Ron has never carefully looked into the security of the thing vs outside access, so he feels he dont wants to give it a blind tumb up. This has simply not been developed with security in the mind so this disclaimer / warning had to be given.

And the same warning applies if you run firefly without RendezvousProxy and without a firewall. Its not the RendezvousProxy that is the danger, but running a non-supertough-tested service like firefly on machine that isnt isolated from the internet proper. And whether you run no firewall and go online or run a firewall and open a port is really no different for anyone potentially trying to attack this service...
Those who sacrifice freedom over safety deserve neither.
 
rpedde
Posts: 1015
Joined: Fri Sep 10, 2004 6:25 pm

Tue Dec 26, 2006 9:42 pm

mas wrote:
Ron has never carefully looked into the security of the thing vs outside access, so he feels he dont wants to give it a blind tumb up. This has simply not been developed with security in the mind so this disclaimer / warning had to be given.


That's not to say that it's a security nightmare either -- it tries to use least privs (except on windows, obviously), and there are no obvious buffer overflows, but some of the query code is complex and I haven't done the kind of line-by-line audits you would expect for a publicly accessible internet server. Something like apache or vsftp gets much more scrutiny than does this.

Just use the same precautions you would from any other internet server... particularly one that isn't part of the openbsd base. Run it in a chroot if you can, and use least privs. Use the tightest firewall settings you can get away with, run it on a dmz, or at least don't run it on the same machine you keep sensitive or critical information on.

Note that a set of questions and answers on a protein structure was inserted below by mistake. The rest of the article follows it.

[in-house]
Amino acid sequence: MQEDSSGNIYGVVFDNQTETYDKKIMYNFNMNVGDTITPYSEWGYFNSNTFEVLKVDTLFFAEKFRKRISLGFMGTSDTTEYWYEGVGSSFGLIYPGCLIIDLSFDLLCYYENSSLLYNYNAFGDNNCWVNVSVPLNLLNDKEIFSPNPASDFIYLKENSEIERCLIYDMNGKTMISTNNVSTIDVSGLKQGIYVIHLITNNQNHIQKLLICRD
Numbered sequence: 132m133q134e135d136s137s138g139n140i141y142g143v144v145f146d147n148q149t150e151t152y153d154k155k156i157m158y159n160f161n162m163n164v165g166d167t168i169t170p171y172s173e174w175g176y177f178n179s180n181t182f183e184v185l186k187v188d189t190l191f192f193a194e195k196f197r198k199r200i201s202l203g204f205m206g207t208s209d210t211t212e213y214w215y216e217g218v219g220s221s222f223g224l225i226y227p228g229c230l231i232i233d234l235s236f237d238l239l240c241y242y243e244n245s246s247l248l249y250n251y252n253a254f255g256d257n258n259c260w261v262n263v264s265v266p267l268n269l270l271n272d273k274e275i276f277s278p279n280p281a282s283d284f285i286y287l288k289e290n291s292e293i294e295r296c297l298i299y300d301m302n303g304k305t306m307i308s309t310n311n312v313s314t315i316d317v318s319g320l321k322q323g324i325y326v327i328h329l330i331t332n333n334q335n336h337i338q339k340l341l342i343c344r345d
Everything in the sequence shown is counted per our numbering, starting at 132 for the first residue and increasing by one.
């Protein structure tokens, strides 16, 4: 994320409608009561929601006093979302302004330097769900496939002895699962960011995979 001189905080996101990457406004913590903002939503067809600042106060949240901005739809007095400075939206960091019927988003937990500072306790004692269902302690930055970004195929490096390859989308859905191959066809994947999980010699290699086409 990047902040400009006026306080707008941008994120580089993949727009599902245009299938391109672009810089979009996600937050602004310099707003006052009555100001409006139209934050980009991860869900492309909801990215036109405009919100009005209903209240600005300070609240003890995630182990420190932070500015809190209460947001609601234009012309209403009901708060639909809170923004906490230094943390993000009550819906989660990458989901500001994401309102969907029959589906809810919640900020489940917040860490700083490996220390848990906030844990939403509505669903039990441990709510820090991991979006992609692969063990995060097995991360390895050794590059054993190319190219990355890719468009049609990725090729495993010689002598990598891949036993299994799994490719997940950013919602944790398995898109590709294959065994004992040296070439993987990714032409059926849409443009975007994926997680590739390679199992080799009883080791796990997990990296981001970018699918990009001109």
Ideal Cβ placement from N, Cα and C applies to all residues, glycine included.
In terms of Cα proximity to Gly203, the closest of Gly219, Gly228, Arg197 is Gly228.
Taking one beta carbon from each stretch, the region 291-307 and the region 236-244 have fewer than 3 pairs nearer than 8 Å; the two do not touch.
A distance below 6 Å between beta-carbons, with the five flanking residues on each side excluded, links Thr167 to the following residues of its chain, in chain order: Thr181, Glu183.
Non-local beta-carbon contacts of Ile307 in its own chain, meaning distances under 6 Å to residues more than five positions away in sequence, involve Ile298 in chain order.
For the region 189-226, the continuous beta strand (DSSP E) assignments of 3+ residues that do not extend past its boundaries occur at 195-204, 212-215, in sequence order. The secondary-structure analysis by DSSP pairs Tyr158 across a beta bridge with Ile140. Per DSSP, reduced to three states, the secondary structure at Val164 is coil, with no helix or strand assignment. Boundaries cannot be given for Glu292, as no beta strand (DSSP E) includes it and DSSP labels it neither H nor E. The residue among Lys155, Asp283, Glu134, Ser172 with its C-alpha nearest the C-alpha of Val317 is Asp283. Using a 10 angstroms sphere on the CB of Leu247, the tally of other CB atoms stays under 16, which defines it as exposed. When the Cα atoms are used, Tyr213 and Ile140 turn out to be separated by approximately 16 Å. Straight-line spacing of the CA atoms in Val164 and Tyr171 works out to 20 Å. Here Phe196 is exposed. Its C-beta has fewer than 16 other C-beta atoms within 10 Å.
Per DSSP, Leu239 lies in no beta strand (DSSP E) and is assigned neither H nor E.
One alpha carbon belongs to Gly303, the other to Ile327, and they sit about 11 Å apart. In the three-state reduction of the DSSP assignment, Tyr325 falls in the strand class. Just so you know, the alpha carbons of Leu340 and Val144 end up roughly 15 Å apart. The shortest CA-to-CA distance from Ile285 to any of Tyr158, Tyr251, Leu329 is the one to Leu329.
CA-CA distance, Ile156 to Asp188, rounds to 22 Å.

Just common sense, really. Also, don't forget the NO WARRANTY clause. :)

-- Ron
 
mraneri
Posts: 282
Joined: Tue Nov 30, 2004 1:17 pm

Wed Dec 27, 2006 9:05 am

Thanks for the clarification.
 
mas
Topic Author
Posts: 281
Joined: Tue Dec 05, 2006 11:46 am

Sun Aug 10, 2008 4:31 am

A few follow up hints:

I am using this remote solution now since quite a while. The server is running >1 year. Break in attempts in the log files are rare (they prefer attacking ssh service to gain more bots for spammail it seems - noone cares about music hehe) and to back-up the slightly weak security of mt-daapd (no retry counters and such) I use fail2ban on the server to block every IP that causes 4 or more failed login attempts in the logfiles.

The fail2ban also watches hack attamepts at my ssh daemon as indicated and this one gets plenty. Every day some idiot tries and gets blackholed.

That beeing said it seems that mt-daapd is reasonably safe to run remote open provided you use good passwords and something like fail2ban to break down brute force attempts. After all theres simimply not enough mt-daapd servers so noone except the rare fool targets them. It's the common and broader useful services like ssh who get the steam.
Those who sacrifice freedom over safety deserve neither.